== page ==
Twenty years after Richard Ramirez left thirteen dead and paralyzed in the city of Los Angeles, his name is still synonymous with fear, torture, and sadistic murder. Philip Carlo’s classic The Night Stalker, based upon three years of meticulous research and extensive interviews with Ramirez, revealed the killer and his horrifying crimes to ve even more chilling than anyone could have imagined. From watching his cousin commit murder at age eleven to his nineteen death sentences to the juror who fell in love with him, the story of Ramirez is a bizarre and spellbinding descent into the very heart of human evil.
A SHOCKING NEW CHAPTER
Incredibly, since The Night Stalker was first published, thousands of women from all over the world have contacted Carlo, begging to be put in touch with the killer. Carlo interviewed them and, in this compelling tenth-anniversary edition, presents their disturbing stories and the dark sexual desires that would drive them toward a brutal murderer. And in an exclusive interview, the killer himself gives his thoughts on the “Ramirez Groupies” – and what he thinks they really want.
Carlo was born in New York and from an early age, he was involved in gang activity. He was only 15 when he witnessed a friend shot to death by hitmen. He was shot in the forehead at 17 and decided to turn his life around. Carlo became a journalist and he was the bestselling biographer of Richard Ramirez, Richard Kuklinkski, Anthony Casso and Thomas Pitera. He suffered from ALS and died from the disease in 2010 at the age of 61. I could see why he felt a certain ‘bond’ with Richard Ramirez.
The author divided the book into four parts: Book 1 was dedicated to The Night Stalker’s victims, the second book dealt with his childhood in El Paso, the third book was about his capture, and the fourth was about the trial. The author was overly descriptive at times, and also repetitive. At other times I felt as if I was reading a fiction novel about a serial killer. But overall, good storytelling and writing. I also liked that he didn’t jump around the timeline as other true crime writers do.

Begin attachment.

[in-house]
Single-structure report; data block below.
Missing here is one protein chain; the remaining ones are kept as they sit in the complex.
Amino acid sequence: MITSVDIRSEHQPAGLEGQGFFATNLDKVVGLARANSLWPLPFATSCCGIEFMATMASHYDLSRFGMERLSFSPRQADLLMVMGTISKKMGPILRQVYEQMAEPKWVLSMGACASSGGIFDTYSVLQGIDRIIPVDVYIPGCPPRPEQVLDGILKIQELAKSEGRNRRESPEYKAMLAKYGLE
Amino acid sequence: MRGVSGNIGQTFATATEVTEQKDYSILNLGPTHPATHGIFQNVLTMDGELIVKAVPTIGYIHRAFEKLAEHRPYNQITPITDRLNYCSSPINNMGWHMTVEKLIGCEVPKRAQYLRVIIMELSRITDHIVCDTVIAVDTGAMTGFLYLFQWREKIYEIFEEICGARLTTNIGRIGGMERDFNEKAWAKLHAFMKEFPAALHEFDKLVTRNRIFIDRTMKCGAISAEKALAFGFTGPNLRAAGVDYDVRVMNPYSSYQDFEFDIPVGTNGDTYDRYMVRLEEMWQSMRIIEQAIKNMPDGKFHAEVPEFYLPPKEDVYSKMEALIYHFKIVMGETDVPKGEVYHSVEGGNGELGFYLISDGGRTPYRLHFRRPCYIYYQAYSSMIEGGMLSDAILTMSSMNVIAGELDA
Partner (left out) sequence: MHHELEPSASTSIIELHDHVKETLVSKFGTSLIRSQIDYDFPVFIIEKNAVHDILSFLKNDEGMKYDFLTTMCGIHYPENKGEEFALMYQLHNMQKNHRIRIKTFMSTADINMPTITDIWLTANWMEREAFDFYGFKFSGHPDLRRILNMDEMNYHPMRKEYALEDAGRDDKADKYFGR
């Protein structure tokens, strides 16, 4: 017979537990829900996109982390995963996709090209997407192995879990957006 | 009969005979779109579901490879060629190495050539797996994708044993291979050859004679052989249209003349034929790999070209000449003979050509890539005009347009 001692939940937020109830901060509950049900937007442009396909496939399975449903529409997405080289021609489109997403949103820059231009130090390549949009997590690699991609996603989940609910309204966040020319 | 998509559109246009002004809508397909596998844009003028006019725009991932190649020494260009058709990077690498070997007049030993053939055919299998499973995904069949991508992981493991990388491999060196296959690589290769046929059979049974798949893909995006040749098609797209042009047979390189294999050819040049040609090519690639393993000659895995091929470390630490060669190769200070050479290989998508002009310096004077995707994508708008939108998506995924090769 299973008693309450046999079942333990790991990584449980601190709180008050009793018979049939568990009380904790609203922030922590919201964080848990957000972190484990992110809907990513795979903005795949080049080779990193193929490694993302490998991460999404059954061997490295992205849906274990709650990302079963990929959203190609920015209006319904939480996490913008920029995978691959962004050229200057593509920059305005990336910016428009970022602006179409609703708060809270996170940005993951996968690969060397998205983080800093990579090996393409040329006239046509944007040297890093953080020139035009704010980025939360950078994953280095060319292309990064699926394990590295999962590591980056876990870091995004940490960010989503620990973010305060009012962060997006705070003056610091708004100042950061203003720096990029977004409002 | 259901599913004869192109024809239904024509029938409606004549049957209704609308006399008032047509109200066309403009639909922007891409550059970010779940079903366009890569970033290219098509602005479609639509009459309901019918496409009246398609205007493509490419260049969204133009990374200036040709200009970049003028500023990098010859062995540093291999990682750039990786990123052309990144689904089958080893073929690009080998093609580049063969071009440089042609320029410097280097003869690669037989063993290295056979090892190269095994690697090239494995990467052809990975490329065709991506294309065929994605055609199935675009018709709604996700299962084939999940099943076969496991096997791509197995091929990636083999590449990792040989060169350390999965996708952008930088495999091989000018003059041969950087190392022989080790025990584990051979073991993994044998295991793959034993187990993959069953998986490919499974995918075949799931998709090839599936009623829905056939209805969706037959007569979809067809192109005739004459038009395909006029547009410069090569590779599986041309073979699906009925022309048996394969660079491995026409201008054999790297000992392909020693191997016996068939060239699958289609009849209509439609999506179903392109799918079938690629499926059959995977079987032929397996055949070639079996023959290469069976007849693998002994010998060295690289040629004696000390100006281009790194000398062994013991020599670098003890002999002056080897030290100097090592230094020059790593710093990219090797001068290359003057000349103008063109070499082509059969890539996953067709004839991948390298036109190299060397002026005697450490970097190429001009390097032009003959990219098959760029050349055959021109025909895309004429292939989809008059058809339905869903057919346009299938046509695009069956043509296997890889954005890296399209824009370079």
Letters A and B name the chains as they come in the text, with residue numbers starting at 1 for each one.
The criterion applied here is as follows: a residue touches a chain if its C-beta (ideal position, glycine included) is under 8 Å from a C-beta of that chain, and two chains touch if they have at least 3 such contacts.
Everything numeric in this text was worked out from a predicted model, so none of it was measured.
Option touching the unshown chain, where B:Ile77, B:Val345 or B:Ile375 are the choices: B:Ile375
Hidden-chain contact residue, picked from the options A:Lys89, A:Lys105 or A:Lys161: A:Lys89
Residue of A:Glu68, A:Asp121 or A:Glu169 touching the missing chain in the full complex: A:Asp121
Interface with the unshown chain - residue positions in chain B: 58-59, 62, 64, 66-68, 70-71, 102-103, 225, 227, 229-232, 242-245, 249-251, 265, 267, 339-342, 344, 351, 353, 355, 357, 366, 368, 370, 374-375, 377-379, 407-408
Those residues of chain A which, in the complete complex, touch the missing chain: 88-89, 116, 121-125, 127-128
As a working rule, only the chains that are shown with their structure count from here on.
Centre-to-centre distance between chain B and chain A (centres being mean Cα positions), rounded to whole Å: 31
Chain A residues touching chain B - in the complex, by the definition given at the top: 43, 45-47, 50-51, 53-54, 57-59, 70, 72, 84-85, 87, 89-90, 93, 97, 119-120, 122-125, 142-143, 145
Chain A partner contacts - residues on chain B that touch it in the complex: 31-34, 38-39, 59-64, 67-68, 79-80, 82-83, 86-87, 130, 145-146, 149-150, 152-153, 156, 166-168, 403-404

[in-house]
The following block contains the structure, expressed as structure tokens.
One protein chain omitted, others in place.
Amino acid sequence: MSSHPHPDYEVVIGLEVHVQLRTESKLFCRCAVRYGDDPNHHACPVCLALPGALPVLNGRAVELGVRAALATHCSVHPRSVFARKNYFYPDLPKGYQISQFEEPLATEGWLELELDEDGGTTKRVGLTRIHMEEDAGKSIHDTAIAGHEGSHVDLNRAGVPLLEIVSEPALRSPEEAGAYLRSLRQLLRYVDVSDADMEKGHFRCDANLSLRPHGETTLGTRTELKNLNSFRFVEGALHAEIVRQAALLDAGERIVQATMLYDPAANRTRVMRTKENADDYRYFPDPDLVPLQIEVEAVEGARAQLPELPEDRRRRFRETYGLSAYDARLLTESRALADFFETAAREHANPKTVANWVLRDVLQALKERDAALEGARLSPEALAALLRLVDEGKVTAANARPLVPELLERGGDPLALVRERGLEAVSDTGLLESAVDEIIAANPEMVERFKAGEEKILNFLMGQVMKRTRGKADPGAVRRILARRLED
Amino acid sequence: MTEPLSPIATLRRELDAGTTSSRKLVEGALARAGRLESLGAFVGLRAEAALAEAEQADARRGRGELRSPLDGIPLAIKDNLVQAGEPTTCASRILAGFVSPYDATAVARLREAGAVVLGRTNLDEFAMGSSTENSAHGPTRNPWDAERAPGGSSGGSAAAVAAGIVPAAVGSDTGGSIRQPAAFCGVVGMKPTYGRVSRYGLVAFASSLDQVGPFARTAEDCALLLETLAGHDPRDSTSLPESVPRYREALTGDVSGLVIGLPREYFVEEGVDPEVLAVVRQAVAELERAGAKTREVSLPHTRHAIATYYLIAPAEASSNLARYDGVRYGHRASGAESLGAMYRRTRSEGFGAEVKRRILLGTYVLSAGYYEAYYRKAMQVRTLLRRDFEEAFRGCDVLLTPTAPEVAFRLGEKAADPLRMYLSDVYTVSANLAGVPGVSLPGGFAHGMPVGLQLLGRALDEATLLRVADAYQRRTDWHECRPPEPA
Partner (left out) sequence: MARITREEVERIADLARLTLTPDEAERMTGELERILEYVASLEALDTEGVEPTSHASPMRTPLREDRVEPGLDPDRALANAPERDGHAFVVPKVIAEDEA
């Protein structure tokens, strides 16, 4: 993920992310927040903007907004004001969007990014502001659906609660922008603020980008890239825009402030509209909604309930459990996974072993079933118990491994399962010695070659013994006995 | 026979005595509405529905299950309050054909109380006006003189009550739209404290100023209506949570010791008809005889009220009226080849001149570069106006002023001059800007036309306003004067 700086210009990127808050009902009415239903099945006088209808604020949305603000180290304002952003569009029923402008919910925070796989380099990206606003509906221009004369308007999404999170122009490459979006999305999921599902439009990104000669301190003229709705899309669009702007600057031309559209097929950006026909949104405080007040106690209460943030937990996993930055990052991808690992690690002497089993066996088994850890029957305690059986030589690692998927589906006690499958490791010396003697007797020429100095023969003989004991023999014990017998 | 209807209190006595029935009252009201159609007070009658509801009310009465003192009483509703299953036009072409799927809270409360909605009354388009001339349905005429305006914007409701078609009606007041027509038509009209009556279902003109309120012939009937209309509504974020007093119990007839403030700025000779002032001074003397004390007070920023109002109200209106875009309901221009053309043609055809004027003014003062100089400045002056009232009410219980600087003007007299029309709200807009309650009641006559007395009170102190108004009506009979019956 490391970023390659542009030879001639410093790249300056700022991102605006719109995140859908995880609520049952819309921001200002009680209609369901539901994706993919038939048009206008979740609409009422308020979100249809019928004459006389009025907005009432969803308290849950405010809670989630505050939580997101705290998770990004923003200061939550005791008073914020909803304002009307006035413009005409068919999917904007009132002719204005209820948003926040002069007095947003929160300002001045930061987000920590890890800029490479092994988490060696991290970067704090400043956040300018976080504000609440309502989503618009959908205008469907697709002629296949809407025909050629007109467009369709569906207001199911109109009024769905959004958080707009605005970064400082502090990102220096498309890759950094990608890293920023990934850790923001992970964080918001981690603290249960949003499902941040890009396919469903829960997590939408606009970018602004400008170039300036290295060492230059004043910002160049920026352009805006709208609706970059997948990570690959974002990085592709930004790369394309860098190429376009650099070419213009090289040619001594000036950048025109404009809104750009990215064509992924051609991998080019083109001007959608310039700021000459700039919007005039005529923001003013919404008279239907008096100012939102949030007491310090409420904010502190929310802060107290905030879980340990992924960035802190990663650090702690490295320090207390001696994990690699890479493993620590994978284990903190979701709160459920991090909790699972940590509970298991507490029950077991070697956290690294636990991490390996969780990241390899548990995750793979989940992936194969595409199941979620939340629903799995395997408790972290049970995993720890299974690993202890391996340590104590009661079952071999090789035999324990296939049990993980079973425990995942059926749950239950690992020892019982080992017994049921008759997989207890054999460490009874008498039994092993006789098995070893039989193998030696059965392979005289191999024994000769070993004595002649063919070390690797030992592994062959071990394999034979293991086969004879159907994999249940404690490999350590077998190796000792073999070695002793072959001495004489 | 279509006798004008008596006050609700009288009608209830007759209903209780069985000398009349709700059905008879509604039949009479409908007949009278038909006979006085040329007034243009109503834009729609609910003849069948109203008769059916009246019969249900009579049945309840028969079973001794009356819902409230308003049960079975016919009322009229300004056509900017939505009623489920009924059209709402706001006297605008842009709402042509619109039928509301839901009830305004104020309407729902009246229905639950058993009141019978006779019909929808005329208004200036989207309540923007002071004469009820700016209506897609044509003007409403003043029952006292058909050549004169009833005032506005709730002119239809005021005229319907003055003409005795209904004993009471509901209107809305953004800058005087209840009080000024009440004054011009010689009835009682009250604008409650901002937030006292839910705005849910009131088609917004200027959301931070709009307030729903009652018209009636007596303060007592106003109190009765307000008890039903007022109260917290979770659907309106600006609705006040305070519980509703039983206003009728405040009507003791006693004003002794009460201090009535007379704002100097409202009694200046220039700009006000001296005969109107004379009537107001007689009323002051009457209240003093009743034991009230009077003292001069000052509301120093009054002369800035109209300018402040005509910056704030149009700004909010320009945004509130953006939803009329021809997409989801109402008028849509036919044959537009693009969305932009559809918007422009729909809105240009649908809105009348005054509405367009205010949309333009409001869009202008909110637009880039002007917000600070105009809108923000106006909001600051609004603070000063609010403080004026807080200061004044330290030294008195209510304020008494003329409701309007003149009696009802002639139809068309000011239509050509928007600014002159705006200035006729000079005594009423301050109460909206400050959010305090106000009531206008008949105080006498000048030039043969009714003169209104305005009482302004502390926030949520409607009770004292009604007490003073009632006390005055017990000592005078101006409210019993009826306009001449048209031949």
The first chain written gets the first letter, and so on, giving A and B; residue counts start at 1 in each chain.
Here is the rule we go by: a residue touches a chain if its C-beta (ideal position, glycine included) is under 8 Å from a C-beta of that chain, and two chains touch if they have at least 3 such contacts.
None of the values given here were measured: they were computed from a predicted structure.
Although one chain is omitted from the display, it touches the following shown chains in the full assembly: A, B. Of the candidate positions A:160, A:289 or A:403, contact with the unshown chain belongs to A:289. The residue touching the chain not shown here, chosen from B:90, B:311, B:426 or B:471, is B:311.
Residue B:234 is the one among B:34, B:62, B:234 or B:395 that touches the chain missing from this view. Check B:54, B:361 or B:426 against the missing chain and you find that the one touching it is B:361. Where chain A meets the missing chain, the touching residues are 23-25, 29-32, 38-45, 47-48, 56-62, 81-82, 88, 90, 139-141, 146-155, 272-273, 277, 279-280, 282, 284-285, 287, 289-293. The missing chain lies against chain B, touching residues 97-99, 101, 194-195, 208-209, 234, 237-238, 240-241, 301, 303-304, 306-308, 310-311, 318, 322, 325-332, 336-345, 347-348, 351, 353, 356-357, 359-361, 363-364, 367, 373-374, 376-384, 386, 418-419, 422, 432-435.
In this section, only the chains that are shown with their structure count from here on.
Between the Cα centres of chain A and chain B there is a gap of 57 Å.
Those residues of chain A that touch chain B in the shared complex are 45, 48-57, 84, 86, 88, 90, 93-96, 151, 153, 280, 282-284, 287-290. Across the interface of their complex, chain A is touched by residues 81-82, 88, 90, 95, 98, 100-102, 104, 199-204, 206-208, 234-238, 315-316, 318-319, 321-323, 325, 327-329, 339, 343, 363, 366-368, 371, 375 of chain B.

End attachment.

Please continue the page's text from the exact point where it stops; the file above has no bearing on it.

He makes many serial killers including Charles Manson look like a boy scout. (“To be a good killer you have to plan things out carefully. You’ve got to be prepared in every way when the moment comes to strike; you cannot hesitate.”) This pretty boy Satan-worshipping killer was exposed to the wrong company while growing up in El Paso including his older brothers and a big cousin named Mike who shot and killed his wife in front of Richard. He had a penchant for cocaine and was good at stealing until it escalated into breaking into people’s homes at nights and torturing them. Heavy metal music was his gospel and Satan was his protector. Yet, Satan abandoned him in the end.
This coward son of a gun snuck into people’s homes at night – dressed in black from head to toe – and terrorized, raped, sodomized, killed and beat his victims (sometimes to death). He mostly preyed on the invalid in the name of Satan and yet, women found this a major turn-on. I just had to ask:
Had Richard not been good looking, would he as the Night Stalker, have the same effects on these crazy hormone-induced women?
Some citizens of Los Angeles were careless given that the media had warned them about the crazy ruthless killer. Yet, some left their doors and windows open. During his trial (which was a circus if you ask me. There should never have been one in the first place.), the ‘Ramirez groupies’ came out in full force to support him. They were attracted to his face and the fact that he was dangerous. They fought over him and offered their bodies to him. Even juror Cindy Haden fell in love with him during the trial.
He was right about one thing during his interview with Mike Watkiss:
“People in this day and age, are brainwashed and programmed like a computer and being nothing more than puppets.”
Ramirez died on June 7, 2013, due to complications secondary to B-cell lymphoma at 53 years old. He had been on death row for over 23 years.
The downtown area around the Los Angeles Greyhound Bus Terminal is a very dangerous place after dark. Colorful legions of thieves, muggers, fences, crackheads, junkies, alcoholics, and ten-dollar whores prowl like hungry sharks around a bleeding man. Known as skid row, people here often sleep in the filthy, vermin-infested streets where they dropped the night before.
… My last True Crime book for now. Although I still follow court/cold cases and read law books be it fiction or not, I’ve come to the realization that I’m happy I didn’t follow the path to become a Lawyer.